The NCC, a policy body funded by the Department of Trade and Industry, has condemned supermarkets for failing to meet healthy eating standards in the wake of the government's White Paper on public health.
Its report, 'Rating retailers for health', assesses supermarkets according to a health responsibility index, with Morrisons scoring only two out of 10. The top retailer is Waitrose, with six-and-a-half points. Sainsbury's and Tesco came in second and fifth respectively, with the Co-op fourth, Asda eighth and Somerfield ninth.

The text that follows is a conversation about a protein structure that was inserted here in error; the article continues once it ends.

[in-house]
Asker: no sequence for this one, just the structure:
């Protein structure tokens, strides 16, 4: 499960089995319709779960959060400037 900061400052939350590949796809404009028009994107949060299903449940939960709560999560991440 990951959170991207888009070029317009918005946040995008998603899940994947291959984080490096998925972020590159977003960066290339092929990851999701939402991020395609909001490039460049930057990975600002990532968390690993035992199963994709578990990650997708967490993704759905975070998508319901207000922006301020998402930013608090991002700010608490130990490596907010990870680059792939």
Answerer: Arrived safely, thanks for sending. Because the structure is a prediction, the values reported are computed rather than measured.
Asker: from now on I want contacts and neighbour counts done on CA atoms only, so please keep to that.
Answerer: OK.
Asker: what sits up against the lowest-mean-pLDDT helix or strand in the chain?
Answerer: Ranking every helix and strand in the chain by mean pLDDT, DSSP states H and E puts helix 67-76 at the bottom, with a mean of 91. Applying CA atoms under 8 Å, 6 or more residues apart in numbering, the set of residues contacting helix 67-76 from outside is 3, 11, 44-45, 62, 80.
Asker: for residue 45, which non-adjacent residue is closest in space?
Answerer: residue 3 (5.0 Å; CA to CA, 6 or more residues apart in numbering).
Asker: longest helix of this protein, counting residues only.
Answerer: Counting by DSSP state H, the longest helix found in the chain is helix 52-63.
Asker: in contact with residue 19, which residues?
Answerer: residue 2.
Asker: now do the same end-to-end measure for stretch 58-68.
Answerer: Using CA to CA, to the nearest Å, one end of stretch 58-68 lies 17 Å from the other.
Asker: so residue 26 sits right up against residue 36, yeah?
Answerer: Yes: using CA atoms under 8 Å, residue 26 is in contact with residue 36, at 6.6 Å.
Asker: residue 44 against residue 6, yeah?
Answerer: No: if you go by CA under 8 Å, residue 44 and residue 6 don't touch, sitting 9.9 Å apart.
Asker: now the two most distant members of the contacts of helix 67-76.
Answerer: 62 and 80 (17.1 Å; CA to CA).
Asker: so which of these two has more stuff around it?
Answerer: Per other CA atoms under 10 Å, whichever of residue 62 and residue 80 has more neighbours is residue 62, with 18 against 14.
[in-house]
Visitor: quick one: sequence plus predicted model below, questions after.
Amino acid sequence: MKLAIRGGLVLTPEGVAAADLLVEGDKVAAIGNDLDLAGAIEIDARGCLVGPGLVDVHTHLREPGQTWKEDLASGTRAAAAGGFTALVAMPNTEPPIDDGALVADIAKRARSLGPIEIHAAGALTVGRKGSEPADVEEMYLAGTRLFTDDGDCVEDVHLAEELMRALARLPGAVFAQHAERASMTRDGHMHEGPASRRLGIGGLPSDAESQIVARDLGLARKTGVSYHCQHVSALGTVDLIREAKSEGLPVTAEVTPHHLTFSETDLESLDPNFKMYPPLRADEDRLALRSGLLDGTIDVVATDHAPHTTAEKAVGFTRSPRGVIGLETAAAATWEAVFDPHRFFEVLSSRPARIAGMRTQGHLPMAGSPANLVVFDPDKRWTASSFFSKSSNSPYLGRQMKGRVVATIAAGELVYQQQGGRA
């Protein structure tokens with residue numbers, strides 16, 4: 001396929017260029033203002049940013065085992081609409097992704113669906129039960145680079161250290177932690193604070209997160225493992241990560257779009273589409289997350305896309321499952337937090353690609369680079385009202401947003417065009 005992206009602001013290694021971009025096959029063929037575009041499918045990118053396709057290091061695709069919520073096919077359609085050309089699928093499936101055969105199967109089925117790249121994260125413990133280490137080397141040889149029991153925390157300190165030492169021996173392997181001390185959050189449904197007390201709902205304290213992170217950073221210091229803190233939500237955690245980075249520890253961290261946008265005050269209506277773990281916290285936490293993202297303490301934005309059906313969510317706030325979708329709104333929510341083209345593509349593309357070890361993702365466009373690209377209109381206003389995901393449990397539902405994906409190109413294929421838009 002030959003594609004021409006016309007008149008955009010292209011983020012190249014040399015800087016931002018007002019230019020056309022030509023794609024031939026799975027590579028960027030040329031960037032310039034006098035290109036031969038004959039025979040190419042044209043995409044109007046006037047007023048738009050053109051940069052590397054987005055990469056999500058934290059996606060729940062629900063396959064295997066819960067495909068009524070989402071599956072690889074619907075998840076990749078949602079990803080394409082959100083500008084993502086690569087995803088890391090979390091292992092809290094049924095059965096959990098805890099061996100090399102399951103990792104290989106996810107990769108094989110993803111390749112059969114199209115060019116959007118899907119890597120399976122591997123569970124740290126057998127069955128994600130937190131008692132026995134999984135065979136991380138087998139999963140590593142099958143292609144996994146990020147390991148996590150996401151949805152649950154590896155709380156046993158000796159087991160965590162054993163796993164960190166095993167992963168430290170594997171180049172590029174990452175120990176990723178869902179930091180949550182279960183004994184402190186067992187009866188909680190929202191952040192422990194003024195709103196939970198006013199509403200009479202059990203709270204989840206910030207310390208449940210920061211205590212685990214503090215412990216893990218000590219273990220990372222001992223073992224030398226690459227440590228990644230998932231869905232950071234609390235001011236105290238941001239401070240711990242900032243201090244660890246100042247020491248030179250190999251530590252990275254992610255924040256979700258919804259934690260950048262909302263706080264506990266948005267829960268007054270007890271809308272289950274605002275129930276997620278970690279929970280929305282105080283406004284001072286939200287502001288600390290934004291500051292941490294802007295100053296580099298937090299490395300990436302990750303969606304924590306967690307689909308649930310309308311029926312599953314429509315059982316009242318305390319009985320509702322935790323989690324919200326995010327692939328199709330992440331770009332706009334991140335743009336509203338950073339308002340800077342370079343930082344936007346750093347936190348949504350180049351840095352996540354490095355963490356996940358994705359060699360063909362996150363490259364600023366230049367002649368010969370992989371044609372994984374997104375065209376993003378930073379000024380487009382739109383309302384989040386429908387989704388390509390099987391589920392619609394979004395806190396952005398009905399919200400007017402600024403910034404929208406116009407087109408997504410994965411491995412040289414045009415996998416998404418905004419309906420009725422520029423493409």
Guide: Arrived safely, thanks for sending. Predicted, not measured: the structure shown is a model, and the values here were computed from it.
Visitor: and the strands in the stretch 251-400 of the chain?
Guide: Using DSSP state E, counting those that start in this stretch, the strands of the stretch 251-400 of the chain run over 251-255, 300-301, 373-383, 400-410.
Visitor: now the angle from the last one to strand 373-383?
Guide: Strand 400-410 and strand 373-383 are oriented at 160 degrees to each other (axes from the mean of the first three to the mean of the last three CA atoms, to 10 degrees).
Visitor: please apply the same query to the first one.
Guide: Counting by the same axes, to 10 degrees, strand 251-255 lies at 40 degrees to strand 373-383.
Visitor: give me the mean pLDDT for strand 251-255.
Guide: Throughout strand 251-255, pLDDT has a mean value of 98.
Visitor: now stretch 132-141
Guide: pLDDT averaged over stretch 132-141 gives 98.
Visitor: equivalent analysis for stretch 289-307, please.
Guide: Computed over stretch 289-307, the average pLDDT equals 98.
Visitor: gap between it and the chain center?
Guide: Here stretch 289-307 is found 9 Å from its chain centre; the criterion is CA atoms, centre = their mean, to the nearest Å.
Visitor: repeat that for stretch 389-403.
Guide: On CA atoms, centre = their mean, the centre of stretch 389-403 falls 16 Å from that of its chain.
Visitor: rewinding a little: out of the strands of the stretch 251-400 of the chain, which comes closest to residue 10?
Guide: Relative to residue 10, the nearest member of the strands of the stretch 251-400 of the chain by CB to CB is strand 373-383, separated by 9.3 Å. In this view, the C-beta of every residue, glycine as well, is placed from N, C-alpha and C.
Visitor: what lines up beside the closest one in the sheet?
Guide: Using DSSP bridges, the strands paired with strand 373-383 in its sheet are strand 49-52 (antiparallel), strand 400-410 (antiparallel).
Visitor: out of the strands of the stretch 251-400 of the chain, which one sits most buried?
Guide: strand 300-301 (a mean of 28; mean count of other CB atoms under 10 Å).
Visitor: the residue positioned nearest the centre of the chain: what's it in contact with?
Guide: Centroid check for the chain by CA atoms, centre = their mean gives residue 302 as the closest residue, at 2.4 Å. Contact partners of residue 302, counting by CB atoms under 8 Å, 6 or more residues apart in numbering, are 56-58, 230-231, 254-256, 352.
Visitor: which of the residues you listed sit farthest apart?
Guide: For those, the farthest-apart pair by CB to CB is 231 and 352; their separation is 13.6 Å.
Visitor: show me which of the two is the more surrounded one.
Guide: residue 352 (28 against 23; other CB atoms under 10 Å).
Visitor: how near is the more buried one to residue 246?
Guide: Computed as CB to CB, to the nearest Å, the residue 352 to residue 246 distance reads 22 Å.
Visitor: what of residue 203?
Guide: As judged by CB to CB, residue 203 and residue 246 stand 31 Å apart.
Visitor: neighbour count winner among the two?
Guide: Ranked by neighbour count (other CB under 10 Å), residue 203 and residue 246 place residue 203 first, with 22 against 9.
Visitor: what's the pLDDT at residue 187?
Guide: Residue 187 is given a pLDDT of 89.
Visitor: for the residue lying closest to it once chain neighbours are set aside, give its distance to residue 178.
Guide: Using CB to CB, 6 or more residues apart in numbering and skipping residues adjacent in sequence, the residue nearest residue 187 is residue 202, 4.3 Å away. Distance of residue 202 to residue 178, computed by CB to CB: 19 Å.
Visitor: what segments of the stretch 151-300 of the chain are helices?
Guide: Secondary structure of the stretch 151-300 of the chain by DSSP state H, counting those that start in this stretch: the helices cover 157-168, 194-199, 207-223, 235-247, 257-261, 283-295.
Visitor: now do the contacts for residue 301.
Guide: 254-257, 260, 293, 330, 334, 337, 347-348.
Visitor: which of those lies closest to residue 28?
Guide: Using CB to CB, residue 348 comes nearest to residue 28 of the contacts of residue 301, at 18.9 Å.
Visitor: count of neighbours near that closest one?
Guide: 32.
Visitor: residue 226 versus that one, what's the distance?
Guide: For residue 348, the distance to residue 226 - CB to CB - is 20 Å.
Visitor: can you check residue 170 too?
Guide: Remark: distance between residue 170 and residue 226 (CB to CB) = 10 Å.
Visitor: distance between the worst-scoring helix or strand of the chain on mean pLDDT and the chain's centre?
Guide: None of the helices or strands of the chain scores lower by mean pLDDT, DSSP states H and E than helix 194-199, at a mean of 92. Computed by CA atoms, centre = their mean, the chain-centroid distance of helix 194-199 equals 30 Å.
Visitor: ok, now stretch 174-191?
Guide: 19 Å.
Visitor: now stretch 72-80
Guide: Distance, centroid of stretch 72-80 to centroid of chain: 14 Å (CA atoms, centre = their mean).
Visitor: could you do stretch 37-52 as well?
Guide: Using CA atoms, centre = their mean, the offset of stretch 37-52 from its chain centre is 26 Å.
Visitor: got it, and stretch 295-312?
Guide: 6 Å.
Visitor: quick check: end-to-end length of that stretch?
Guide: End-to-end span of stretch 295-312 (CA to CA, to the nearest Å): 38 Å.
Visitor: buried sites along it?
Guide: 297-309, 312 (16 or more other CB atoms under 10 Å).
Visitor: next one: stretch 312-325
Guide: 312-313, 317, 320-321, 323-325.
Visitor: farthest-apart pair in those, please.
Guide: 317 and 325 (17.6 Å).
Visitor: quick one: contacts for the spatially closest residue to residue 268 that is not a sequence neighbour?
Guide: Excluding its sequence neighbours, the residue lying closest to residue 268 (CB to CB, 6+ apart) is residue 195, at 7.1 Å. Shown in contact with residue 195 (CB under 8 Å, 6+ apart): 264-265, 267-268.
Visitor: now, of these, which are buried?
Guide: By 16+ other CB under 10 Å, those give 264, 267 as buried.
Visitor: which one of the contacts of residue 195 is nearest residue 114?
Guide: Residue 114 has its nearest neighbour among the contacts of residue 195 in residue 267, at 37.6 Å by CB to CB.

The NCC used four key measures in its health index: nutritional value of own-label processed foods; clarity of labelling; in-store promotion of healthy versus less healthy foods; and in-store information for customers on healthy eating.
The NCC found that none of the retailers tested scored well across all criteria. As a result, it is supporting the White Paper recommendation that retailers reduce salt, fat and sugar in processed foods. It is also endorsing recommendations for on-pack signposting.
'It is worrying that retailers with a high proportion of lower-income shoppers appear to reinforce the health inequalities between rich and poor,' said NCC chairwoman Deirdre Hutton. 'The Co-op was the one company that bucked this trend.'